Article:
Selected works by John Kørner

John Kørner
Yellow Gallery

2007

Acrylic on canvas

180 x 240 cm
John Kørner
The Bird Man

2004

Acrylic on canvas

180 x 240 cm
John Kørner
The Ice

2004

Acrylic on canvas

180 x 240 cm
John Kørner
The Guide

2006

Acrylic on canvas

260 x 360 cm

Articles

Painting As Presence an interview with John Kørner by Kari Immonen

What is your relationship to the tradition of painting?
It is not really important to me. It might sound naïve, but I try to stay out of all that because I don't think that I am really a painter. I don't deny the tradition, but the main thing for me is to produce some good things and energy. Every work that I do should stand alone. Of course, I am aware of the things and discussions that go on. But when I get an idea for a painting I do it and don't really bother that much about who else might have done that before me or what is the work's general position in art history. When I do a piece I just figure out what would be nice to do, what I want it to look like and what I want to get out of it.
You and certain other Danish artists of your generation have been labelled neo-expressionists, which I find quite disturbing. How do you feel about that?
The funny thing is that when writers look for examples of the 'expressionist' in me, I cannot give it to them and that makes me sad. Then again I don't go into deep dialogue about compositional matters with people who write about my works - I do that with my colleagues. Of course, I can talk about how my paintings function and what kind of effect they have. As regards neo-expressionism, I don't share those values and attitudes. I am not really aware of how a single work functions or connects to the history of art. I am more interested in how my work connects to other pieces I have made. Even if my attitude and values are the opposite of the 1980s German scene, I am very serious about what I do. I try to make works that everybody can relate to.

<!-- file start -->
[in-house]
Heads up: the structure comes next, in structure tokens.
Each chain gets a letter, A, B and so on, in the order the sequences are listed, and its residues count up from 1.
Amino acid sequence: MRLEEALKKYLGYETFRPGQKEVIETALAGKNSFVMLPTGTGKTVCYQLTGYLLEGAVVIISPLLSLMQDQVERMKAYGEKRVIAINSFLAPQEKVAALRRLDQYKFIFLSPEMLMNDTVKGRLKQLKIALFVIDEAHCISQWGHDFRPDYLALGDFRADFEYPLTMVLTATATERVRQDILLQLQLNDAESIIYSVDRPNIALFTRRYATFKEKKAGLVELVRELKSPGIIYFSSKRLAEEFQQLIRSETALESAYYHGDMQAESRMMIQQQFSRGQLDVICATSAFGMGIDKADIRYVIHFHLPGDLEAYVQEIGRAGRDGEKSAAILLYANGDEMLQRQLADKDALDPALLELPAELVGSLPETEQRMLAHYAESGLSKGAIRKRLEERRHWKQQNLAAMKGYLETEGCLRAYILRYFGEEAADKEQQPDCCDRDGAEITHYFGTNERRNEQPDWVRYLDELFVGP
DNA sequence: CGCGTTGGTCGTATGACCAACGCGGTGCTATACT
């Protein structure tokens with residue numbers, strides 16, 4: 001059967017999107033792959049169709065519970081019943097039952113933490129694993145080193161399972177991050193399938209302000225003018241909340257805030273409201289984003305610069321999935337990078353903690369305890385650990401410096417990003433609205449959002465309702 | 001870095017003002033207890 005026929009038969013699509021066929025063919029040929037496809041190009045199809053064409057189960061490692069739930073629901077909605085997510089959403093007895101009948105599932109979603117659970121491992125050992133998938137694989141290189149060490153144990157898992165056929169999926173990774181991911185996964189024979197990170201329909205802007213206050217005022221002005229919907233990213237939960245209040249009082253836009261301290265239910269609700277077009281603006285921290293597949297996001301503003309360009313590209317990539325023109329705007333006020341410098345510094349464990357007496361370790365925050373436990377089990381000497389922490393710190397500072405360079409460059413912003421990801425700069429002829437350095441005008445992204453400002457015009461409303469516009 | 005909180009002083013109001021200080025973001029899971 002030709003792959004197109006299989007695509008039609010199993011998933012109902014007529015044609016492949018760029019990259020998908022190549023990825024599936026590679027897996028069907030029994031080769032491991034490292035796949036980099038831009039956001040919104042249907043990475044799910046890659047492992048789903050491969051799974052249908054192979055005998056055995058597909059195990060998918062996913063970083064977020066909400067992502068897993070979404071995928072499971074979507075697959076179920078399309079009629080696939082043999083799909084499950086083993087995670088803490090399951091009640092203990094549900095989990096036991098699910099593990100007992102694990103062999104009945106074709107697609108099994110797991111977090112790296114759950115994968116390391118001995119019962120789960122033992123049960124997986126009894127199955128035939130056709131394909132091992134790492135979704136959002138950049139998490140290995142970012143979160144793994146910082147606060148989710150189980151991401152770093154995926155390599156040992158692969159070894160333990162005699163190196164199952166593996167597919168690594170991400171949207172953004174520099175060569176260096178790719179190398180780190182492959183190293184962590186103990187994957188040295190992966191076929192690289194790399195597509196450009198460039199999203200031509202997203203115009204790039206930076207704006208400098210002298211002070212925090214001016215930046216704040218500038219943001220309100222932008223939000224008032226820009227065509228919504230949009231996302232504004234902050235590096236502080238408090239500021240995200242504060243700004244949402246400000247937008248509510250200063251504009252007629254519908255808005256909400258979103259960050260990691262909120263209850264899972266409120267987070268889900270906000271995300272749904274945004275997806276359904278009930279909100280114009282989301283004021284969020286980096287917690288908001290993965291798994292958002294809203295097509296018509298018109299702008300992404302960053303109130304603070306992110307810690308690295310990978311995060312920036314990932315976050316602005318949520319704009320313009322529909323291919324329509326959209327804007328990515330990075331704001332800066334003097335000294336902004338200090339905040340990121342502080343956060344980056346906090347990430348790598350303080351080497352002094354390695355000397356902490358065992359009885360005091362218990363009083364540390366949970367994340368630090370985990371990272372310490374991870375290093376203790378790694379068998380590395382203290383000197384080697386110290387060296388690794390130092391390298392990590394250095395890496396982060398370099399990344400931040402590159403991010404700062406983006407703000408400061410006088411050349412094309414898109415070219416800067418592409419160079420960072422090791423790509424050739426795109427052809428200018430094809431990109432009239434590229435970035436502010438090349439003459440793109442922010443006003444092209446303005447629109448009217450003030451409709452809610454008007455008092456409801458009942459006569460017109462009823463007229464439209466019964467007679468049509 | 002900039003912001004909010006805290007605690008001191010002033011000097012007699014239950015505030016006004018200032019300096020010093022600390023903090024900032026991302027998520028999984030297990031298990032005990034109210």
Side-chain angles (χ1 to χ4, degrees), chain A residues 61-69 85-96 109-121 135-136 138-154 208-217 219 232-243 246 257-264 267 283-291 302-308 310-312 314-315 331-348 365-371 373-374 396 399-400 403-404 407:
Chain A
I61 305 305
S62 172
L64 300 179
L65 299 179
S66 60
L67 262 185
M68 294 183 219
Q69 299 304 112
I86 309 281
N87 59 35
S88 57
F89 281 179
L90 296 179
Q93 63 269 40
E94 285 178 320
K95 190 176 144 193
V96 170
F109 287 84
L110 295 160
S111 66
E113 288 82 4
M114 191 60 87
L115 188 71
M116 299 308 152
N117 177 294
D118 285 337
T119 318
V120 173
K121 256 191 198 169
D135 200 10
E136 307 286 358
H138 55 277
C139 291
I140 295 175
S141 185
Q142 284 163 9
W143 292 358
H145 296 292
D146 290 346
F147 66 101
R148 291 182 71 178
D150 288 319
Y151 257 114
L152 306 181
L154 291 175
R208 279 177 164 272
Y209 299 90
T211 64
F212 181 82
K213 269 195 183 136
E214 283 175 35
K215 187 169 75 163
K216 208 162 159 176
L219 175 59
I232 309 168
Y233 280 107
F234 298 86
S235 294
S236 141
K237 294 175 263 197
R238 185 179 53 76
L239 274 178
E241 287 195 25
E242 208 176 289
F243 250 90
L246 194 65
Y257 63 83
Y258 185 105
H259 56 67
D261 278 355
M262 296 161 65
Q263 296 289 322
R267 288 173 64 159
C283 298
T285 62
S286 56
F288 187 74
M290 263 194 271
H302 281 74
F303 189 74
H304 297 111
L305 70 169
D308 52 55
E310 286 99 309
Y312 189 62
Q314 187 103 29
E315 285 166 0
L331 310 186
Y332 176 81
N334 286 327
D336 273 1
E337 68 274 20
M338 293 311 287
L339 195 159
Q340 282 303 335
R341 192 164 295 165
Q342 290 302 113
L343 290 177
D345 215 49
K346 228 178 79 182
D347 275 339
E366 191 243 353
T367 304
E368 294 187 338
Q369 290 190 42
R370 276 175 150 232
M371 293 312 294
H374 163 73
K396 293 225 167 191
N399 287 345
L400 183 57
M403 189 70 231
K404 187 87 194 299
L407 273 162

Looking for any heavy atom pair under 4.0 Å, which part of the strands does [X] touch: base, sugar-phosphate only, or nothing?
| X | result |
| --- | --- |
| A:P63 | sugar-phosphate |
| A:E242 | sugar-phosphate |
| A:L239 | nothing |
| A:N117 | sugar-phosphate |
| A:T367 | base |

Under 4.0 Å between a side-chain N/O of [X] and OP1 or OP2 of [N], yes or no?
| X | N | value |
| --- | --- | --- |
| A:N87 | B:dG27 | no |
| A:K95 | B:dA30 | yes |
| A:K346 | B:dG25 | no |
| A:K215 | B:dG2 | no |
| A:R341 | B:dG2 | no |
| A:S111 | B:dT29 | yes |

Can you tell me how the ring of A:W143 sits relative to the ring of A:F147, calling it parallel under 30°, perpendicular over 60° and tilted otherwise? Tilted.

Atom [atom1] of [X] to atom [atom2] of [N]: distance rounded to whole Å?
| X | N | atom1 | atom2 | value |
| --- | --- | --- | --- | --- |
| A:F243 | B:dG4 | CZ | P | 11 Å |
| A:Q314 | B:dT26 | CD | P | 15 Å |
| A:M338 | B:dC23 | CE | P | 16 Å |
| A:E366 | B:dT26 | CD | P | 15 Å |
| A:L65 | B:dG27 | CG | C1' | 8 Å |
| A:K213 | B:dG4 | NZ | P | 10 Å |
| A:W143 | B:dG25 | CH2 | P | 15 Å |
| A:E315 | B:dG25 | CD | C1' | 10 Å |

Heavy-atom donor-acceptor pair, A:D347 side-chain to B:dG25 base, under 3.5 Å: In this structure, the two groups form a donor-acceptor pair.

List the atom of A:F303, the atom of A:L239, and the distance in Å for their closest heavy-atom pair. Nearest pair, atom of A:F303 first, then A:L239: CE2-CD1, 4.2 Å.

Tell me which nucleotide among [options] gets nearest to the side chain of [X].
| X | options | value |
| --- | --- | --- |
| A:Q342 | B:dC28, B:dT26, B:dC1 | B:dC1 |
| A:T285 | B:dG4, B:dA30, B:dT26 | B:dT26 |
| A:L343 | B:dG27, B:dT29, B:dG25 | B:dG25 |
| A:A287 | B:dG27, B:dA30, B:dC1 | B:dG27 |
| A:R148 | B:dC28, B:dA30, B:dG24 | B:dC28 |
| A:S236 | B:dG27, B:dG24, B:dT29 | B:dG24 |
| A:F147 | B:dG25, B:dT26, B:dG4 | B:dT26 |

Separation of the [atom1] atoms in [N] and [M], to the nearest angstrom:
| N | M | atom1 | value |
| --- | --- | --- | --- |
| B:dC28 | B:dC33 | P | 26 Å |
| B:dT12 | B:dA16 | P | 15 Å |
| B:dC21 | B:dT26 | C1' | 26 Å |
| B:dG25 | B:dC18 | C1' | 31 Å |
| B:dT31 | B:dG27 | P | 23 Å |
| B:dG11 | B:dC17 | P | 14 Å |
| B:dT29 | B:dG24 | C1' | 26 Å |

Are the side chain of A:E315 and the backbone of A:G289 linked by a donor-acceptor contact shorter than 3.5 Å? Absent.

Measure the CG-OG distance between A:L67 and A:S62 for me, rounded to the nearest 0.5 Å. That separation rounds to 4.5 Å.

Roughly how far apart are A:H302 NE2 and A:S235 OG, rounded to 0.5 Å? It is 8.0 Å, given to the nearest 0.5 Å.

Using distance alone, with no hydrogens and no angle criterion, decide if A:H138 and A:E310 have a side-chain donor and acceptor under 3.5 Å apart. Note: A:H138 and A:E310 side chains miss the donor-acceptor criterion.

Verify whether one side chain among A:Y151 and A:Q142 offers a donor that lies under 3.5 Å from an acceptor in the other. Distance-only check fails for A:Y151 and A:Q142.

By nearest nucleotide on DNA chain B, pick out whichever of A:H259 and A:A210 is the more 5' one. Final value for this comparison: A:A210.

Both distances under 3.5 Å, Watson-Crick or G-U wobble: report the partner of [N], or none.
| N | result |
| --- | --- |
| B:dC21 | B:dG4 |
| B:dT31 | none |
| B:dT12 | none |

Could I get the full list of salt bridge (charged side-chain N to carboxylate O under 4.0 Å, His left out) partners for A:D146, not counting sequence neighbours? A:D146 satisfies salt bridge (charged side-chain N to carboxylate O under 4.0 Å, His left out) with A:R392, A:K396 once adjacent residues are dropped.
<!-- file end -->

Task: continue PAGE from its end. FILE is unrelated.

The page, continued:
Early on, it was quite disturbing to see how my works were categorised and included in certain movements or developments by the museum people and people in the business. When museums make exhibitions they have this need to be aware of everything and to take care of what kind of information is given out and what interpretations are possible. That was a bit sad and I did not agree with the idea that every single exhibition has to be 'complete' and flawless. We don't work that way, and they shouldn't either. I am not that keen on these 'manuals' containing a few names, which are linked with my works. Besides that, they mention the colours and the motifs, the use of both abstract and figurative means, and maybe also the fact that the representation of painting is one of the themes in the work. Finally, they manage to construct a box that contains John Kørner. They don't talk about my art and are afraid to go into the work. It is not easy to do it properly and to confront the audience, but I would rather leave the manual out and go along with us. I don't get a hard-on from making the works too hard to read. I try to stay open and to communicate. Doing a painting is a bit like slalom skiing.

Source www.nifca.org